Why Nothing Gets Done in California
Endless "studies" and truckloads of lawyers.
CARLSBAD - Along this patch of the Pacific Ocean, welders and pipefitters nearly outnumber the surfers and sunbathers. Within sight of the crashing waves, the laborers are assembling what some hope will make water scarcity a thing of the past.
They are building the Carlsbad Desalination Project, which will convert as much as 56 million gallons of seawater each day into drinking water for San Diego County residents. The project, with a price tag of $1 billion, is emerging from the sand like an industrial miracle. In California’s highly regulated coastal zone, it took nearly 15 years to move from concept to construction, surviving 14 legal challenges along the way.
The desalination plant is being built by Poseidon Water, a private company, and will be paid for in large part by rate increases on San Diego County water customers. On the surface, the plant resembles any other major construction project: Construction cranes scrape the sky as concrete foundations are poured; the giant new blocky building could be any warehouse or parts factory.
Inside, the truth of the project is revealed. The building will house more than 16,000 reverse-osmosis membranes – salt filters, essentially – that will convert the Pacific Ocean into drinking water suitable for making coffee and watering lawns.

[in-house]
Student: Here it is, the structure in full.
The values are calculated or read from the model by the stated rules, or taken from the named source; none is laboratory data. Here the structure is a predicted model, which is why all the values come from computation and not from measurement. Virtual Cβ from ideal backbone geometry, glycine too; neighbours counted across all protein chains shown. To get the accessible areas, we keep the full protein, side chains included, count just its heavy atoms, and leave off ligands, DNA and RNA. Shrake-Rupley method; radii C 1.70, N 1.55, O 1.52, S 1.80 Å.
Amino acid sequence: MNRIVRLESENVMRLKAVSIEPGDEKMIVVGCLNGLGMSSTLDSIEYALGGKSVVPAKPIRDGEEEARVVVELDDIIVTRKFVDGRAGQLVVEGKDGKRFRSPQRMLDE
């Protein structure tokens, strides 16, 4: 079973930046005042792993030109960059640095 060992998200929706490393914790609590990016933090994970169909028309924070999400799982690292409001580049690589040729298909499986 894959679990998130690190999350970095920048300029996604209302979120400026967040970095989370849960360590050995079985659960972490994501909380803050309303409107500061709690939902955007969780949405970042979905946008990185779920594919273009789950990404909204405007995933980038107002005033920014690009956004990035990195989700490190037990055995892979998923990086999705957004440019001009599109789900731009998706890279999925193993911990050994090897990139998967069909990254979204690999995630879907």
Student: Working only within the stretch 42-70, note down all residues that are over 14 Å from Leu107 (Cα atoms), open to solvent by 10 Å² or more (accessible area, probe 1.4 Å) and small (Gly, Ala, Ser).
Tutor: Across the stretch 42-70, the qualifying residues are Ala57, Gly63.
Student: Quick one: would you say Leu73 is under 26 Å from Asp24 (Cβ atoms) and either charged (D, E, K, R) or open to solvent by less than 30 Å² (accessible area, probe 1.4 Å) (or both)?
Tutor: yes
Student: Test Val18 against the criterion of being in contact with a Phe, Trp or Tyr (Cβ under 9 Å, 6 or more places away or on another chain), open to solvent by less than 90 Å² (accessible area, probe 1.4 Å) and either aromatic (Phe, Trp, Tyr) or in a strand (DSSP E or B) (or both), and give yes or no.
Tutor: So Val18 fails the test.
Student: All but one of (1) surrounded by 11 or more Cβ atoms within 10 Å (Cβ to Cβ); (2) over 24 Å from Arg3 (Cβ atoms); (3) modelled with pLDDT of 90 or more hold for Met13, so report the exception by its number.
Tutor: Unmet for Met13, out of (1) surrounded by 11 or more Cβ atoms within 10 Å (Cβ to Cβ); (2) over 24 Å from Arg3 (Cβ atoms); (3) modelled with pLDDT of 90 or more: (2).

“This plant can’t come online fast enough,” said Bob Yamada, water resources manager at the San Diego County Water Authority, which serves 3.1 million people and is buying all of the plant’s freshwater production. “It’s droughtproof. That’s one of the most important attributes. It will be the most reliable water source we have.”
The water authority’s 30-year contract with Poseidon illustrates both the promise and peril of this water source. San Diego County agreed to pay for 48,000 acre-feet of water from the plant every year – whether it needs the water or not – to ensure a guaranteed supply. The water will cost $2,257 per acre-foot, about double the price of the authority’s most expensive current supply, which is water imported from the Sacramento-San Joaquin Delta more than 400 miles away.
Under this so-called “take-or-pay” contract, the water authority can purchase an additional 8,000 acre-feet each year if necessary, which reduces the price slightly, to about $2,000 per acre-foot.
One acre-foot is enough to serve two average homes for a year. At a total output of 56,000 acre-feet, the plant will meet 7 percent of San Diego County’s annual water demand.
Read More . . . .